And of course, the perfect way to break in a new range was to make cookies, which I was so excited to be able to see baking in the window of my oven.Thanks to Gill and Mona, from here on out known as Mom and Dad. You guys are wonderful and made this daunting task so much easier. Stop by any time, and I'll make dinner.
Oct 23, 2008
Of course, right after we sealed the deal a fence blew down in a wind storm and a water pipe burst and flooded the garage. We received the standard "Welcome to home ownership" comments from our friends and moved on with life. Since then, we have had a few improvement projects in mind that we would really like to get started on and hopefully finish before summer rolls around. Here is the rundown:
- The deck. Sadly, this little project seems to have hit the back burner. It wouldn't take me more than a day (with a little help) to finish the project. But alas, such is the case.
- A new range. As a house warming gift the Wife's parents purchased a new gas range, something I am extremely excited about. So they will be here this weekend coming up and Gil and I are going to get it put in.
- The garage. We still have plans of turning the garage into a sizable living room. Actually, the correct term for a room of this size is Great Room. A move projector, a wood stove, a large and comfortable sectional couch. Our living room now is so ridiculously small, if you have more than 2 people in the room it gets pretty crowded pretty fast. This particular project is going to have to wait until February, when the tax return comes in. But at least there's a plan.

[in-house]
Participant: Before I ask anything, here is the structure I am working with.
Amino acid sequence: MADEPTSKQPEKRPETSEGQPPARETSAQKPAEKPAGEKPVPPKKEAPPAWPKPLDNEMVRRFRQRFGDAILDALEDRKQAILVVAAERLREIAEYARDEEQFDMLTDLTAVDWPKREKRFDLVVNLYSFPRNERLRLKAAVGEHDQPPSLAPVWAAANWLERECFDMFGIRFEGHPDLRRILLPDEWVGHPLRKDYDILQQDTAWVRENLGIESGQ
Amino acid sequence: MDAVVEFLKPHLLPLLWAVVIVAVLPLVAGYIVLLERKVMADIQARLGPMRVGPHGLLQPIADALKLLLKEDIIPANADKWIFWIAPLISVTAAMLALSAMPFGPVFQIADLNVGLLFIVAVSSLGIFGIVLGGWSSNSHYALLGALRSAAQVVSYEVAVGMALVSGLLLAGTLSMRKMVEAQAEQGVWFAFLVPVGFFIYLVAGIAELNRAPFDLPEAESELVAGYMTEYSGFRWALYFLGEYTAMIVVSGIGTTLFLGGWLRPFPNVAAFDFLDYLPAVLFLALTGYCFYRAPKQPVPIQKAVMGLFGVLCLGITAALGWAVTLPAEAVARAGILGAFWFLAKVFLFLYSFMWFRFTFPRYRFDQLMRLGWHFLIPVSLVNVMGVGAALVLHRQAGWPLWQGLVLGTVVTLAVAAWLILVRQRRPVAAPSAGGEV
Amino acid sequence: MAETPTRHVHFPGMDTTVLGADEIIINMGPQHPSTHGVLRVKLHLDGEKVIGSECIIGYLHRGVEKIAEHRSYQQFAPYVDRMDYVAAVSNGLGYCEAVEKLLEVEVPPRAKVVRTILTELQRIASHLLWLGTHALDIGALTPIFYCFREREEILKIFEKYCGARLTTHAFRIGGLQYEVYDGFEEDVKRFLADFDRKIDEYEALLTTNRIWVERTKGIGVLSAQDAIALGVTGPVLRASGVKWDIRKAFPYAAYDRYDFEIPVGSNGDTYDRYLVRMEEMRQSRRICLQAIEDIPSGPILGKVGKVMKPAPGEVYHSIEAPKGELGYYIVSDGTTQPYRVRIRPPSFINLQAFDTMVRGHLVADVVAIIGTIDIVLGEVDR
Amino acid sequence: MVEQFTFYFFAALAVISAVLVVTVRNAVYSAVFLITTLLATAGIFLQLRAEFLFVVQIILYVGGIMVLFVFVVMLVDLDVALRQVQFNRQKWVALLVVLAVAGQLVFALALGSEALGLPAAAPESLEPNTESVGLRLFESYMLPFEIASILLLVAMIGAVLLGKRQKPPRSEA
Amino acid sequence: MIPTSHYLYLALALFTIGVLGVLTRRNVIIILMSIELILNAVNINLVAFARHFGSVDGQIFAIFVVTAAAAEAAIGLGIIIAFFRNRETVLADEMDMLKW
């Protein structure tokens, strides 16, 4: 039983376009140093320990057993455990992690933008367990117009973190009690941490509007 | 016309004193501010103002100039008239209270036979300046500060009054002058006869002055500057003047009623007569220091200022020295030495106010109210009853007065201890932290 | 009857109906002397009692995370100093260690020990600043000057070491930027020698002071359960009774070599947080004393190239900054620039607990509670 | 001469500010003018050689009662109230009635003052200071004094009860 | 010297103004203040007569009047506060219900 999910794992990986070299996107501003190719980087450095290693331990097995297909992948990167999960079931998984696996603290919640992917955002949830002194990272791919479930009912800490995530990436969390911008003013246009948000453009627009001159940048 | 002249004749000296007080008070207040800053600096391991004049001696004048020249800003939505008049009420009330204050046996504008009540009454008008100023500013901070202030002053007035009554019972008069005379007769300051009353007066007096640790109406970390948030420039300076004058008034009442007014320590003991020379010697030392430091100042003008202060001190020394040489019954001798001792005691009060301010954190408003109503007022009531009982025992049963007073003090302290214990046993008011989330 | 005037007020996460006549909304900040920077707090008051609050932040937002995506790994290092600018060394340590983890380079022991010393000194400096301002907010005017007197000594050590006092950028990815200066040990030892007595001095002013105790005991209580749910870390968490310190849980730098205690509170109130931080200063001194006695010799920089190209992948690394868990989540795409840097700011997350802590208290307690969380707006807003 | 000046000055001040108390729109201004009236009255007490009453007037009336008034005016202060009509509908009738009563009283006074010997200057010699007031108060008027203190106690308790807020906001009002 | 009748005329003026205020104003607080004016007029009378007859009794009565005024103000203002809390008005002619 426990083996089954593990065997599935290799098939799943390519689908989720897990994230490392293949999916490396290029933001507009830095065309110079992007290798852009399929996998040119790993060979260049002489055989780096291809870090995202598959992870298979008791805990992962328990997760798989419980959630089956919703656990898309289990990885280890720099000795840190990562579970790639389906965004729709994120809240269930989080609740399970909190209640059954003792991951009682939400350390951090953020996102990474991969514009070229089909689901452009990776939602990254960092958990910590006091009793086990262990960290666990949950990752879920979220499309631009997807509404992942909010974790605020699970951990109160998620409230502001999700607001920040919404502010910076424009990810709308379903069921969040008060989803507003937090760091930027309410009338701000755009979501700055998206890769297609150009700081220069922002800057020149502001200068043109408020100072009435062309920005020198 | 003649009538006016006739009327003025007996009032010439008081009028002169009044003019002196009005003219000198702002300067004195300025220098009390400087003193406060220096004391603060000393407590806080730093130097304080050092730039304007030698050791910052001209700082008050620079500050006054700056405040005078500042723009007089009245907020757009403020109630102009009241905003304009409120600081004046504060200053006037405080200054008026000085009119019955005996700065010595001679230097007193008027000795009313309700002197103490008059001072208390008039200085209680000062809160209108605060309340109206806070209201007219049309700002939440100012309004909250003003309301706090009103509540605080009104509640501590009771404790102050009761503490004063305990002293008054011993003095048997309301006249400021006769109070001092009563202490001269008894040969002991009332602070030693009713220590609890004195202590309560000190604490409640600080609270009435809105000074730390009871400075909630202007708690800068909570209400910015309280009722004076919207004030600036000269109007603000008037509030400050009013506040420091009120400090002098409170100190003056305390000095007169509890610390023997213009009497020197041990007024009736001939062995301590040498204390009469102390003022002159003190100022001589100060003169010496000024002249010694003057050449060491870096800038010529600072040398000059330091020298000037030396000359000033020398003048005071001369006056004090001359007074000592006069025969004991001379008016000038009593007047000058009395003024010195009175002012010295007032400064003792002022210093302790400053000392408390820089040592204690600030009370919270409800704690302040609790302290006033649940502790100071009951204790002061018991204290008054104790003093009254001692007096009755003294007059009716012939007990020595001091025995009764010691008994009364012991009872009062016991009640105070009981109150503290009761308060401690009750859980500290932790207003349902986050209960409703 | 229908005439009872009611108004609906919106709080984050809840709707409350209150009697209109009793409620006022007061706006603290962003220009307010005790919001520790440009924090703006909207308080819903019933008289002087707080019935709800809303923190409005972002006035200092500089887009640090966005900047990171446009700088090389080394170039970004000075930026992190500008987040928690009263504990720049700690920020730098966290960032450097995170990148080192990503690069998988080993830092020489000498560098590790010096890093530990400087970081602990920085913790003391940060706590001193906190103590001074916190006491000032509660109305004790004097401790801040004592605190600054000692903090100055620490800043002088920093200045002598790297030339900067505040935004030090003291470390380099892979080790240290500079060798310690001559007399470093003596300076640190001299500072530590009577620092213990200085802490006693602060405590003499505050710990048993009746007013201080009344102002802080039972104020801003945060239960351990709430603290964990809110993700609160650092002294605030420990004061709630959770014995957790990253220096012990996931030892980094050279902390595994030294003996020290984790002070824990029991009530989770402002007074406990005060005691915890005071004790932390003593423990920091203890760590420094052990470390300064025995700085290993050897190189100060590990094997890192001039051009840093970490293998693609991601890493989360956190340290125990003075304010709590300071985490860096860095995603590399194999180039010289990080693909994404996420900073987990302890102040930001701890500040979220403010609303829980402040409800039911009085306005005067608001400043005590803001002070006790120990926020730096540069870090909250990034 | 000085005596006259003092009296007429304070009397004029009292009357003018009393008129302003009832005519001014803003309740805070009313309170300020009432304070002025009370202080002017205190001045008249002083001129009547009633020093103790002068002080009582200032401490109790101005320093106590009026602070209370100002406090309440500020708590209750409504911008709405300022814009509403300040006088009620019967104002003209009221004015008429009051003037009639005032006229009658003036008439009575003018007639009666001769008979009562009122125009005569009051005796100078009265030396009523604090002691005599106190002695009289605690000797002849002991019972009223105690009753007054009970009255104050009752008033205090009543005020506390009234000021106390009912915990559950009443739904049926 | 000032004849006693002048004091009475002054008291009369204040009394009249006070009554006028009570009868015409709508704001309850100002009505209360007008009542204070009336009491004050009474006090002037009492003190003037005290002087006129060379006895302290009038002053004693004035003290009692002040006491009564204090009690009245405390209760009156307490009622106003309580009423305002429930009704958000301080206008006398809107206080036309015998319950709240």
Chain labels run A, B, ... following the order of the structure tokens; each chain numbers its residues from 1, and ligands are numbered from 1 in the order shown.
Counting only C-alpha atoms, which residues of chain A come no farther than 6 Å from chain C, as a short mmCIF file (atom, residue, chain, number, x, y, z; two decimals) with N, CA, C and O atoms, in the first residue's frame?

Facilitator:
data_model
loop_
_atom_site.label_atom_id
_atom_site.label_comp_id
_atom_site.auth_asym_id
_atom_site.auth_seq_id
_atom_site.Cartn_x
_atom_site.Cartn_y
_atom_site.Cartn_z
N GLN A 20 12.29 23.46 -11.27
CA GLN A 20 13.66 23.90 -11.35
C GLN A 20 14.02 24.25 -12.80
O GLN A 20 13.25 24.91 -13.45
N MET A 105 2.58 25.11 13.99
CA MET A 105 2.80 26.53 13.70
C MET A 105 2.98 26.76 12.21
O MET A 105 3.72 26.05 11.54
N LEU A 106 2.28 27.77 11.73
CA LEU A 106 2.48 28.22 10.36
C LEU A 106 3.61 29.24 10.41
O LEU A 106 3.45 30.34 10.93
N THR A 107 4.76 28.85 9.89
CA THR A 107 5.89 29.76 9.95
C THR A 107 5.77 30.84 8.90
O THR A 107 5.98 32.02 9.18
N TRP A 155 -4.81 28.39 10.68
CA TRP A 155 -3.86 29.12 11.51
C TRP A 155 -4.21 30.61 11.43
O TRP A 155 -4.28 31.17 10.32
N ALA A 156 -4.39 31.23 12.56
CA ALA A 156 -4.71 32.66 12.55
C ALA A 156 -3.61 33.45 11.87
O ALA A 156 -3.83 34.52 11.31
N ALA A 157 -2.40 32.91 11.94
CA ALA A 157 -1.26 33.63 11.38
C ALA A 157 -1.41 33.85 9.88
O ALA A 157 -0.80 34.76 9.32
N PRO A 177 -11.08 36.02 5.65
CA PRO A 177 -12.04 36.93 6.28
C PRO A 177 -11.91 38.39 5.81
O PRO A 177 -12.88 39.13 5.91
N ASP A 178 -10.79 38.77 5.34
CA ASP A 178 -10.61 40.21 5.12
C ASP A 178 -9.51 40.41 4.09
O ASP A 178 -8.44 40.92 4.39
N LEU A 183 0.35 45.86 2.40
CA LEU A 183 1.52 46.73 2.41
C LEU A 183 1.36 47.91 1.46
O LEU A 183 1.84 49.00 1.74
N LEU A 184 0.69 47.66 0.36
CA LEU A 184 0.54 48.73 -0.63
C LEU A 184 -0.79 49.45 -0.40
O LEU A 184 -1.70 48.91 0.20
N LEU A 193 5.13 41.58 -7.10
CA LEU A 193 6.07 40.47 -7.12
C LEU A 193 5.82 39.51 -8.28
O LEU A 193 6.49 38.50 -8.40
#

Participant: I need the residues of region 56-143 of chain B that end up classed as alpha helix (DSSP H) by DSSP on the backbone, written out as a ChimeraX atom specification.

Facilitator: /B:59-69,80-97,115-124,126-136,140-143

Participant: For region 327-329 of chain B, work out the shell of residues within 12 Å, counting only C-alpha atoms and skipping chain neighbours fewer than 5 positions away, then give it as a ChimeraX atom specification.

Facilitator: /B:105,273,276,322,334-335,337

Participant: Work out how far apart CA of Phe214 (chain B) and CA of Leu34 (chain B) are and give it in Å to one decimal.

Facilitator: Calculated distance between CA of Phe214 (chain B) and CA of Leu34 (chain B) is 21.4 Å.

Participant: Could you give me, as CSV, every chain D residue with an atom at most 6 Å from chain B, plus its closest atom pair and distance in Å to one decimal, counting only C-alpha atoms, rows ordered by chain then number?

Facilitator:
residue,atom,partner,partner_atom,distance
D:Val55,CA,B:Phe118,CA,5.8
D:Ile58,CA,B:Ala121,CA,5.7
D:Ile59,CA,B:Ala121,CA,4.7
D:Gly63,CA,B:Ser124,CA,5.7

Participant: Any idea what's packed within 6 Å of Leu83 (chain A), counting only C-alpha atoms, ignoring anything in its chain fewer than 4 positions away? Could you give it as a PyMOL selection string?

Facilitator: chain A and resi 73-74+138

So there they are. Our little plans that are sort of in action. The range at least will get done this weekend. And over time, the other two should get done as well. Its coming up on the rainy season though, so I figure the deck might gt put off for a while, which is OK with me. The garage will take more of a precedent. who could resist watching movies at home on a 112" screen?
Oct 21, 2008
According to Wikipedia:
Haiku is a form of Japanese poetry, consisting of 17 Japanese on (a phonetic unit identical to the mora), in three metrical phrases of 5, 7, and 5 on respectively, and typically containing a kigo, or seasonal reference. In Japanese, haiku are traditionally printed in a single vertical line, while haiku in English usually appear in three lines, to equate to the Japanese haiku's three metrical phrases. Previously called hokku, it was given its current name by the Japanese writer Masaoka Shiki at the end of 19th century.